It wasn’t a church in the traditional sense, but they made it one.
On Thursday morning, before the rides were turned on and the barbecue grills lit up, about 30 workers at the Orange County Fair gathered below a white tent for a Catholic Mass.
It’s been tradition for a few years. Father Leandro Fossa, of the Missionaries of St. Charles Scalabrinians in Los Angeles, comes down to the OC Fair and gives a bilingual service in English and Spanish. He’s sometimes known as the “carnie priest.”
This week, they celebrated Mass below the employee tent of RCS, the carnival operator, off the midway. The tent is a regular break spot and dinner gathering area, but on Thursday, crews set up chairs before a small table that acted as an altar.
From there, Fossa gave a roughly 30-minute service.
Compared to the fun mayhem of a fair day, it was a spot of serenity: the sounds of babbling water fountains, recorded church music playing from a single speaker, the comfort of shade.
It was also dress casual. Employees came wearing their RCS T-shirts. Others came from Chuckwagon Concessions or Brander Enterprises. The morning was a chance for them to observe their faith on a day other than Sunday, when they’re usually working. Fossa visits the fair to offer a service at least once per season.
Dominic Palmieri, RCS’ food manager known as the “Midway Gourmet,” met Fossa in 2012 and saw how he regularly worked with migrant workers. Because many carnival employees are constantly traveling and/or on work visa programs, Palmieri thought Fossa would be a good fit for them.
“His sermons ... really hit home with kindness, service, respect and devotion,” Palmieri said in an email. “I have seen a huge amount of appreciation from all our employees, that he takes the time to visit with them, spiritually guide them and allow them to participate in their services.”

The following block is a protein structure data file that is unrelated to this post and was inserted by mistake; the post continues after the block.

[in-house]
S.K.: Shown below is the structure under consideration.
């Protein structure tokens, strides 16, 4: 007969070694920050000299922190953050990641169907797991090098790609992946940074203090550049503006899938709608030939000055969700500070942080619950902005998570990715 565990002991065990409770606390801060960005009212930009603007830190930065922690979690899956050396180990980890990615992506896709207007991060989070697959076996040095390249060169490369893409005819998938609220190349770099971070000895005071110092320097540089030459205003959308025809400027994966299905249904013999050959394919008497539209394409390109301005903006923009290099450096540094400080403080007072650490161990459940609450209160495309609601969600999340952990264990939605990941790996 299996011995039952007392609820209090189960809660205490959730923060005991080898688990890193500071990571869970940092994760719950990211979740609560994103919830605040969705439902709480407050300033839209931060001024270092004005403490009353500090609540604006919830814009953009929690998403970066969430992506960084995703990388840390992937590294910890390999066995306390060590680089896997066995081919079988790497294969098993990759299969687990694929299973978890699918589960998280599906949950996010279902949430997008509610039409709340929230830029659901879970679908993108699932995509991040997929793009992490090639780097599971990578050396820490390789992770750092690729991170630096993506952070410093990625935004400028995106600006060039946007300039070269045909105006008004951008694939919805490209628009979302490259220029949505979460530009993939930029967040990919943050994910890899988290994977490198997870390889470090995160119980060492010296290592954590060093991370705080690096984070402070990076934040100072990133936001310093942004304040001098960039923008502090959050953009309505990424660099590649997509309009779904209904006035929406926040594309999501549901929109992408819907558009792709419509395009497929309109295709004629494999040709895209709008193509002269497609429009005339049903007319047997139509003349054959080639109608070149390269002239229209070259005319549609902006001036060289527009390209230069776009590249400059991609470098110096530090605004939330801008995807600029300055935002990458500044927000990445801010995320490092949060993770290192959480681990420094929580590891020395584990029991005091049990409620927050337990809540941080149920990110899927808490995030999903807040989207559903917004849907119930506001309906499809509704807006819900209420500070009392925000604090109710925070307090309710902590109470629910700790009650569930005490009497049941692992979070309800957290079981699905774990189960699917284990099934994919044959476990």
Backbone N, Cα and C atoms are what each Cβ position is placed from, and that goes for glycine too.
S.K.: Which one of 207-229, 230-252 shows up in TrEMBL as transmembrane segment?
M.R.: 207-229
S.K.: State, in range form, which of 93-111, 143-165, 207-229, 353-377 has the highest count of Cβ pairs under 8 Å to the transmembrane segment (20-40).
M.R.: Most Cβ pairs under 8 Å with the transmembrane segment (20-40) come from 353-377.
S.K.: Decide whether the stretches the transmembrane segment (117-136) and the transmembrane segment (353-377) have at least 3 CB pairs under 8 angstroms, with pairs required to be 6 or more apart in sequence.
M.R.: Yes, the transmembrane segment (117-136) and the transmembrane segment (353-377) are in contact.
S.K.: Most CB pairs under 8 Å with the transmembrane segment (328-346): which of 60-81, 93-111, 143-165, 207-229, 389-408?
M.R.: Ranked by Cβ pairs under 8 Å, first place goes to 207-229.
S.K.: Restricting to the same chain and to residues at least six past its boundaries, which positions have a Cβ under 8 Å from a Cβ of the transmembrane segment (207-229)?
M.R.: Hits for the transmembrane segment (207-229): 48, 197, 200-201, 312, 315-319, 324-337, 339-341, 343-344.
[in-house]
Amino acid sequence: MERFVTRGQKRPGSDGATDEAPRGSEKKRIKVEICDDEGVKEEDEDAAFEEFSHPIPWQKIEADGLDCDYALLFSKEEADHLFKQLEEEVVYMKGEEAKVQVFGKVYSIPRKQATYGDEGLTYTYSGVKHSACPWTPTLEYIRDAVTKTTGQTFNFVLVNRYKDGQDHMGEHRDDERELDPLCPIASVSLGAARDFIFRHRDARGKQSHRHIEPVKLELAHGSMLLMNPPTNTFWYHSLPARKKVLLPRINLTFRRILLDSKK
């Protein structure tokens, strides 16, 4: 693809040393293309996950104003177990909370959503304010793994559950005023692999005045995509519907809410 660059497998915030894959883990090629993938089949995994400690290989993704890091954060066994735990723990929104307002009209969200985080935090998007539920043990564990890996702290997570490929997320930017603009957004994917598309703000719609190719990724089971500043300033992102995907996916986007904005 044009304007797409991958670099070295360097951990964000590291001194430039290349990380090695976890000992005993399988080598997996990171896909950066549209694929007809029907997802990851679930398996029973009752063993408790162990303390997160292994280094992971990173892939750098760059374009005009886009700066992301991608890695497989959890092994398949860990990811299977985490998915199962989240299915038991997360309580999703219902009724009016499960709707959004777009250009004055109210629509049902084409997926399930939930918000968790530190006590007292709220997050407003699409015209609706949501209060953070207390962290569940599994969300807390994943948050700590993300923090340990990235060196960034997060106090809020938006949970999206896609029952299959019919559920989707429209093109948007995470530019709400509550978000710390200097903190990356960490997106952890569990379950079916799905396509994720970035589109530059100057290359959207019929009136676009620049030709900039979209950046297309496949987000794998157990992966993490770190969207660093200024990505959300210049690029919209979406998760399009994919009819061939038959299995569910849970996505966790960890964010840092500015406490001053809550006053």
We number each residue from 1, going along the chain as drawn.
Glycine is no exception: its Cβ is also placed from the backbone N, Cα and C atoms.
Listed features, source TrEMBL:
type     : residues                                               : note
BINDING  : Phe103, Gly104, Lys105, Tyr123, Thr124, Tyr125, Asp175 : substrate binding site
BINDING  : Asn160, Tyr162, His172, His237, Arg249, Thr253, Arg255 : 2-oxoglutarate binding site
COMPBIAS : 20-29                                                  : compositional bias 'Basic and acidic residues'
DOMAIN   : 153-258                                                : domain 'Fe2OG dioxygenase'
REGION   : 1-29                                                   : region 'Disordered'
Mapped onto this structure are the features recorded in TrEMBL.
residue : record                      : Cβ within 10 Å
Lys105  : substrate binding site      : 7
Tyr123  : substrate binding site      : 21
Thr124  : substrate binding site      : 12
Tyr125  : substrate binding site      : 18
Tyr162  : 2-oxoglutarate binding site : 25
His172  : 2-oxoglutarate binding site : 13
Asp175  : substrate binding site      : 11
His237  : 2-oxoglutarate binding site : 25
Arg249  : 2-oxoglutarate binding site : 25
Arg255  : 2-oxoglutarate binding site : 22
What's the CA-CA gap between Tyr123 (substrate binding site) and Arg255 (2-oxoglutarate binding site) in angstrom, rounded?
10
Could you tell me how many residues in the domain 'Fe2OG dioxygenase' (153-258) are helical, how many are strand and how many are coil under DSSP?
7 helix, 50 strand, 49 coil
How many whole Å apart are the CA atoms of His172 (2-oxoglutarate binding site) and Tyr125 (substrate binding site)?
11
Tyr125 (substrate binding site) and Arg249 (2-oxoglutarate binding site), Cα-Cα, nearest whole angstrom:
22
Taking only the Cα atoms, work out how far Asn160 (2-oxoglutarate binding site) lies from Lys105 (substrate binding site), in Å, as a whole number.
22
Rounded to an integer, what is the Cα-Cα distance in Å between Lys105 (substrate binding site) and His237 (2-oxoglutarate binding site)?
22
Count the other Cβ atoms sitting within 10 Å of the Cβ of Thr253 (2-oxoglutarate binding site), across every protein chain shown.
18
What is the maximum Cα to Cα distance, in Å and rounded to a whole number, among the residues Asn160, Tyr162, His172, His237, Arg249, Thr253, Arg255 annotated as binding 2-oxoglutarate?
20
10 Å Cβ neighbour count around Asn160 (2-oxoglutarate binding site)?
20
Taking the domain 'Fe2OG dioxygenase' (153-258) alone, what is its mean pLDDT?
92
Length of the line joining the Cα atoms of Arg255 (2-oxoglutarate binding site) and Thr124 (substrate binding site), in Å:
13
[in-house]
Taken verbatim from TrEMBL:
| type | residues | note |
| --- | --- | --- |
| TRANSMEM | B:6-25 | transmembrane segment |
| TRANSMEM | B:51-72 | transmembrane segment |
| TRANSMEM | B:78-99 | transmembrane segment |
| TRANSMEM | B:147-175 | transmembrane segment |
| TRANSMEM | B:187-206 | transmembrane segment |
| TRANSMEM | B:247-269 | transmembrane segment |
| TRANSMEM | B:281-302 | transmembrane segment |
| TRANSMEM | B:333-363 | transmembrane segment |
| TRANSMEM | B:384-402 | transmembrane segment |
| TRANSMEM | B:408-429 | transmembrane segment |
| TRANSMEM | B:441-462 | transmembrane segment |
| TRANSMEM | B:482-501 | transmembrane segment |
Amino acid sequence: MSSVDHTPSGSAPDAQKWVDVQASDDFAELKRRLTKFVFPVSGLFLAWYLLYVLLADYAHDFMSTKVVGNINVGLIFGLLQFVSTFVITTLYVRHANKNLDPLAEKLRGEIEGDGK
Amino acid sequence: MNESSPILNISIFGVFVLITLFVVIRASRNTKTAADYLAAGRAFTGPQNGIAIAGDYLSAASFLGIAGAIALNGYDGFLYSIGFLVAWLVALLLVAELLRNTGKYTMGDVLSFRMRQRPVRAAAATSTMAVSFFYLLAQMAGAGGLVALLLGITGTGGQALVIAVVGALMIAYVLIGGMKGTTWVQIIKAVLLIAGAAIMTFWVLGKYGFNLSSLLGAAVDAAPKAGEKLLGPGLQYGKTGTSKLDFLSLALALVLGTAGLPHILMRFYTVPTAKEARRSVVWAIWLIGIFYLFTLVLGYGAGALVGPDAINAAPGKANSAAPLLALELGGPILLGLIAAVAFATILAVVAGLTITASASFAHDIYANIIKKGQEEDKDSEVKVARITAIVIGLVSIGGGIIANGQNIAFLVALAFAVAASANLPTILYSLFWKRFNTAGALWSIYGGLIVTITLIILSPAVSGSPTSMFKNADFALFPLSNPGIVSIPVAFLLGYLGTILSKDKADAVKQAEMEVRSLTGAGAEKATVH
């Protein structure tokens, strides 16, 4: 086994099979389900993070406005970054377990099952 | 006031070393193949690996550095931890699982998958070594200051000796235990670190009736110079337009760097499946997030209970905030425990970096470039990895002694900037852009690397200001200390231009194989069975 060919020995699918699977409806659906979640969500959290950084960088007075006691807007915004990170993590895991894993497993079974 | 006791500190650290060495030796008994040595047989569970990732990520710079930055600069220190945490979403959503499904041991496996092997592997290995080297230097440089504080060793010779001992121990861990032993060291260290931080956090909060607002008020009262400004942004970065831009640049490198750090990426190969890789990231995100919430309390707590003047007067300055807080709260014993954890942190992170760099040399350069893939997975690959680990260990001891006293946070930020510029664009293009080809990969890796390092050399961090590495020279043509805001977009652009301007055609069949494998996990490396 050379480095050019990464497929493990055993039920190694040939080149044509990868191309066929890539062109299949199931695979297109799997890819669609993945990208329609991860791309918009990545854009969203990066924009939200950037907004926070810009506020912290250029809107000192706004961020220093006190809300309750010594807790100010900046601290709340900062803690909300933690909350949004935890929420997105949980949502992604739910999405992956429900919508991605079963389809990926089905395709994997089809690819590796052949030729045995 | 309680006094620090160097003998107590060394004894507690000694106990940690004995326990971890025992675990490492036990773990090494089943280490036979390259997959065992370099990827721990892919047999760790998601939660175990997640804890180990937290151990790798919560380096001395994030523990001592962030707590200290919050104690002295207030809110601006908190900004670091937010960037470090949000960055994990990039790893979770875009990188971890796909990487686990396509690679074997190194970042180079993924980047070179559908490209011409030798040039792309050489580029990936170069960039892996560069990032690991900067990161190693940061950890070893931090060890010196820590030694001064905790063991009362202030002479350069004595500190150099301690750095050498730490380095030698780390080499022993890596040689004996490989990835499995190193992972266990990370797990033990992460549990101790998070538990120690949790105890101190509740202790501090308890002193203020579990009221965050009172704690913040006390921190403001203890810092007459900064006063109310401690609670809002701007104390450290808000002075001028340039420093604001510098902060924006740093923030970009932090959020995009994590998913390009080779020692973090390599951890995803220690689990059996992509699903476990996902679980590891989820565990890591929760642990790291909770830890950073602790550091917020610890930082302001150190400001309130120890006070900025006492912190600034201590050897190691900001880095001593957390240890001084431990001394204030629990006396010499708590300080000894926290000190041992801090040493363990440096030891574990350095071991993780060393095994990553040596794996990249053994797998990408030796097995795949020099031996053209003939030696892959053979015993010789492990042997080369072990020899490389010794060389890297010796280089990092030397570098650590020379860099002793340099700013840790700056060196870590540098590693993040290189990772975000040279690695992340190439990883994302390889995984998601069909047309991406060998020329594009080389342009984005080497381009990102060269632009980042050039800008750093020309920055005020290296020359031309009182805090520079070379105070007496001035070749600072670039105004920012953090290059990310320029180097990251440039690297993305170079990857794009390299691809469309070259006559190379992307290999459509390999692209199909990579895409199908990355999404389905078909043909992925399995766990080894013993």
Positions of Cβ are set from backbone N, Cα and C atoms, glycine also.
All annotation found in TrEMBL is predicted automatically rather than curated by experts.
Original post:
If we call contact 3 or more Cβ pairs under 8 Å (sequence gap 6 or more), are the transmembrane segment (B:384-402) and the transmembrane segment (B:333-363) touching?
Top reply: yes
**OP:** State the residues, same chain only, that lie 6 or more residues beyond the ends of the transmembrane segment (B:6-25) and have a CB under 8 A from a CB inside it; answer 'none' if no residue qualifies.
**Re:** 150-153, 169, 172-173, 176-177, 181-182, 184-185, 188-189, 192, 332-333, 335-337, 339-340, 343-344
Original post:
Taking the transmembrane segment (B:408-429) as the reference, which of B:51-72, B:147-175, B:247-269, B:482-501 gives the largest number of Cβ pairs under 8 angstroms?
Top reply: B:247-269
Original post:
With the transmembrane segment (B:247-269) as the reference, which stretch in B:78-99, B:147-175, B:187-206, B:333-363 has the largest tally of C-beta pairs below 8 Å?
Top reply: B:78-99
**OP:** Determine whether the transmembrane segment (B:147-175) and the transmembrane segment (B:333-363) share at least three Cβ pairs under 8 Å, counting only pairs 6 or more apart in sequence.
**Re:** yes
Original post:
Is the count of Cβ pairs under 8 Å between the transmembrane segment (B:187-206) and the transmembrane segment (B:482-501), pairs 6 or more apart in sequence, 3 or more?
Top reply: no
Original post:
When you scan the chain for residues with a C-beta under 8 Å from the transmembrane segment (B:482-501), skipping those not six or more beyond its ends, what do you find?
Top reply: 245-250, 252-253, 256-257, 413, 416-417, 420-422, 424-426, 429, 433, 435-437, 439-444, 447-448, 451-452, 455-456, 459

Palmieri called Fossa “a champion for all of us” at the fair.
At the outset of his service, Fossa, a native of Brazil whose only fair services are for O.C. and another in Houston, distributed flowers to attendees. He preached a message about avoiding the perils of selfishness and alienating one’s self in an age where selfie photos “are the most famous things.”
Before the service, Fossa said that while his is a Catholic Mass, “We try to include everybody. The whole message is God is with you. We are with you on the journey. This is a moment for you to pray and be connected with your soul and your faith.”
“We let them pray for the needs they have back home or the needs they have locally,” Fossa added.
After the sermon and reading of Bible passages, the congregants took communion. They offered prayers and concluded the morning with a group photo.
“It was a pleasure meeting you all again,” Fossa told the crowd.
After the service was over, Fossa noted how, even in the white tent, everything worked out for the faithful, who had by then left went back to work.
“The church goes,” he said, “where people need it.”
Midway Moments is a recurring column chronicling the Orange County Fair.